Solar Array Drive Mechanisms (SADM)

SADM

Most of the three-axis stabilized satellites use solar panels to generate the necessary electrical power for their equipments. For better performances, these panels have to be aligned continuously such as to get normal incident sun light onto the solar cells. In most of the cases, when the satellite’s body is pointing towards a defined target and its orientation is not more fixed with respect to the sun, a relative motion between the satellite’s body and the solar panels must be provided. The rotating mechanism performing this task is the Solar Array Drive Mechanism (SADM). A SADM acts as the solar array motor and electrical power (and data) transfer between the solar arrays and spacecraft body being then under relative motion. A motor is used to rotate the solar array at the required speed and in the required direction, and a specific electrical device (slip-ring, cable-wrap, twisted capsule, etc …) is used to transfer the power (and data) between the solar array and the satellite.

The SADM is one of the very critical hardware of a spacecraft (Single Point Failure) and its design is usually optimised with respect to the specific satellite platform and its power needs that can nowadays cover a wide range from ~500W to ~20000W per Solar Array wing. It exists therefore a numerous types of SADM on the market.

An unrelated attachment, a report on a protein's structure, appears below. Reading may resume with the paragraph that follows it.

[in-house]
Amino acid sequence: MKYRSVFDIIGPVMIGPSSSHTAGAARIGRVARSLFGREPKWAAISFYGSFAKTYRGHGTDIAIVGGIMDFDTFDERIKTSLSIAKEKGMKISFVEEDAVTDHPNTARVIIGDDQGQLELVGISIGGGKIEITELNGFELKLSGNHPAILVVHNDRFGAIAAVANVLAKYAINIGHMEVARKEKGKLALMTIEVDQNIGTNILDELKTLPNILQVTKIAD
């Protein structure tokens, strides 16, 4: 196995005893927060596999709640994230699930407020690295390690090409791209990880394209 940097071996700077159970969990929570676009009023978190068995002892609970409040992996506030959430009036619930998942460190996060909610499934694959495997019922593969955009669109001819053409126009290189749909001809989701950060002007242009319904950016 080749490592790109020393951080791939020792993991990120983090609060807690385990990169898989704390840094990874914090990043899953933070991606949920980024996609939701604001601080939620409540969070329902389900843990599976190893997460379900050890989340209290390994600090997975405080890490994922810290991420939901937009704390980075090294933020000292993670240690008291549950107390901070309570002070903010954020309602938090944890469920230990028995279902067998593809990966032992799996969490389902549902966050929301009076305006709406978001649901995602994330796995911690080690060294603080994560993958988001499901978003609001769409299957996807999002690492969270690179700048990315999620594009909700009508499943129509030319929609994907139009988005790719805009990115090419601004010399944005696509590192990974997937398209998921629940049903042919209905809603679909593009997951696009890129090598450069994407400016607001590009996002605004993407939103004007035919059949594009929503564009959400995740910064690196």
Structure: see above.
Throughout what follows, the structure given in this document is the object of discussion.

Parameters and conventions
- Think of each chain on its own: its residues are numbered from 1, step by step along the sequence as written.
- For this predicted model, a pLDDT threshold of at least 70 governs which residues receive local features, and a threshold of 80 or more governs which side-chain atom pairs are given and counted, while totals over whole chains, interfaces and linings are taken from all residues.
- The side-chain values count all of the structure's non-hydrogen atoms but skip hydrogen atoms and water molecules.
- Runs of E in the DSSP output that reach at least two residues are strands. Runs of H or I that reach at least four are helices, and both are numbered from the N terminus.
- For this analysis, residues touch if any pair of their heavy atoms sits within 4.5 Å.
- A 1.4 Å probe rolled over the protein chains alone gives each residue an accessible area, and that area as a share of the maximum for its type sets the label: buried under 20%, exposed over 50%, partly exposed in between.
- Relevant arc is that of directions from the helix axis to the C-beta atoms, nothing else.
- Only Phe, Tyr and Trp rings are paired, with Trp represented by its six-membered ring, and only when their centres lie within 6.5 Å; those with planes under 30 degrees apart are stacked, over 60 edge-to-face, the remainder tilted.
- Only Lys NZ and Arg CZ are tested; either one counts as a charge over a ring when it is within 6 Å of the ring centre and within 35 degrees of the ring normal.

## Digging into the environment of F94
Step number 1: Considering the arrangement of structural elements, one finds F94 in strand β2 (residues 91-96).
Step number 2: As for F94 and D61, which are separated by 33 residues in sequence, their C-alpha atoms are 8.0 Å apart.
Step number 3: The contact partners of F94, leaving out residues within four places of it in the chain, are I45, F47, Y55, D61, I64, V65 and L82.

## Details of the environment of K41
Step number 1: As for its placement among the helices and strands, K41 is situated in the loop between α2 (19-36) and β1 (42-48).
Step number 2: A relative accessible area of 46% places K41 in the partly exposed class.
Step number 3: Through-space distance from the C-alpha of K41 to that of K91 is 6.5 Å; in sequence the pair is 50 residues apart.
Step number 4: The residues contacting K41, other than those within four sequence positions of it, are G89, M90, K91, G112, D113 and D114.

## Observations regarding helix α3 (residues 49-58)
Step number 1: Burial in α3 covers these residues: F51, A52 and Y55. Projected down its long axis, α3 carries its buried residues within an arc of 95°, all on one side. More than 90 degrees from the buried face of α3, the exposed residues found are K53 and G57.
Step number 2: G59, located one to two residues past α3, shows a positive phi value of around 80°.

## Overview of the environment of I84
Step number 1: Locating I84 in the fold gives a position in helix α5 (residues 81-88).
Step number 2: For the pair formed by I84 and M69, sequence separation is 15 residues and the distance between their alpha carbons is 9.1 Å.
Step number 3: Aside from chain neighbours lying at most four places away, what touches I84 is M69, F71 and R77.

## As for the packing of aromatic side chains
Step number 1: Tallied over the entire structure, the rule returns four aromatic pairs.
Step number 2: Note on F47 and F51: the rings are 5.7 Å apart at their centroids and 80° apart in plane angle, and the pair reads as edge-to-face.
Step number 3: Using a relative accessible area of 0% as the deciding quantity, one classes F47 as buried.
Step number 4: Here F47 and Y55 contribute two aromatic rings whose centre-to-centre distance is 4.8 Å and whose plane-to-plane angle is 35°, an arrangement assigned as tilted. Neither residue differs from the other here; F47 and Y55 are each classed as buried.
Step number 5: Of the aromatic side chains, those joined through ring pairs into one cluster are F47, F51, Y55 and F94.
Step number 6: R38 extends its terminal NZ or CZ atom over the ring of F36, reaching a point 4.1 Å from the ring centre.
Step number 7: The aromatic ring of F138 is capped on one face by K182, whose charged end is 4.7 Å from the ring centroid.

Typical main and secondary functions of a SADM are as follows:

  1. To mechanically link the solar array to the satellite
    1. To maintain the solar array along one specific satellite’s axis
    2. To allow for the solar array to rotate around one specific satellite’s axis
  1. To point the solar array towards the sun
    1. To rotate the solar array at nominal speed (via SADE or satellite command)
    2. To rotate the solar array into a reference position (via SADE or satellite command)
    3. To rotate the solar array in a high-speed mode (via SADE or satellite command)
    4. To maintain the solar array in a defined/fixed position (via SADE or satellite command)
    5. To provide telemetry signals from the SADM (incl. SADM angular position sensor)
  1. To transfer the solar array electrical power to the satellite
  2. To transfer signals and low power lines between the “rotating” part (solar array side) and the “fixed” part of the satellite (platform)
  3. To assure the solar array grounding to the satellite

Last update: 18 January 2011

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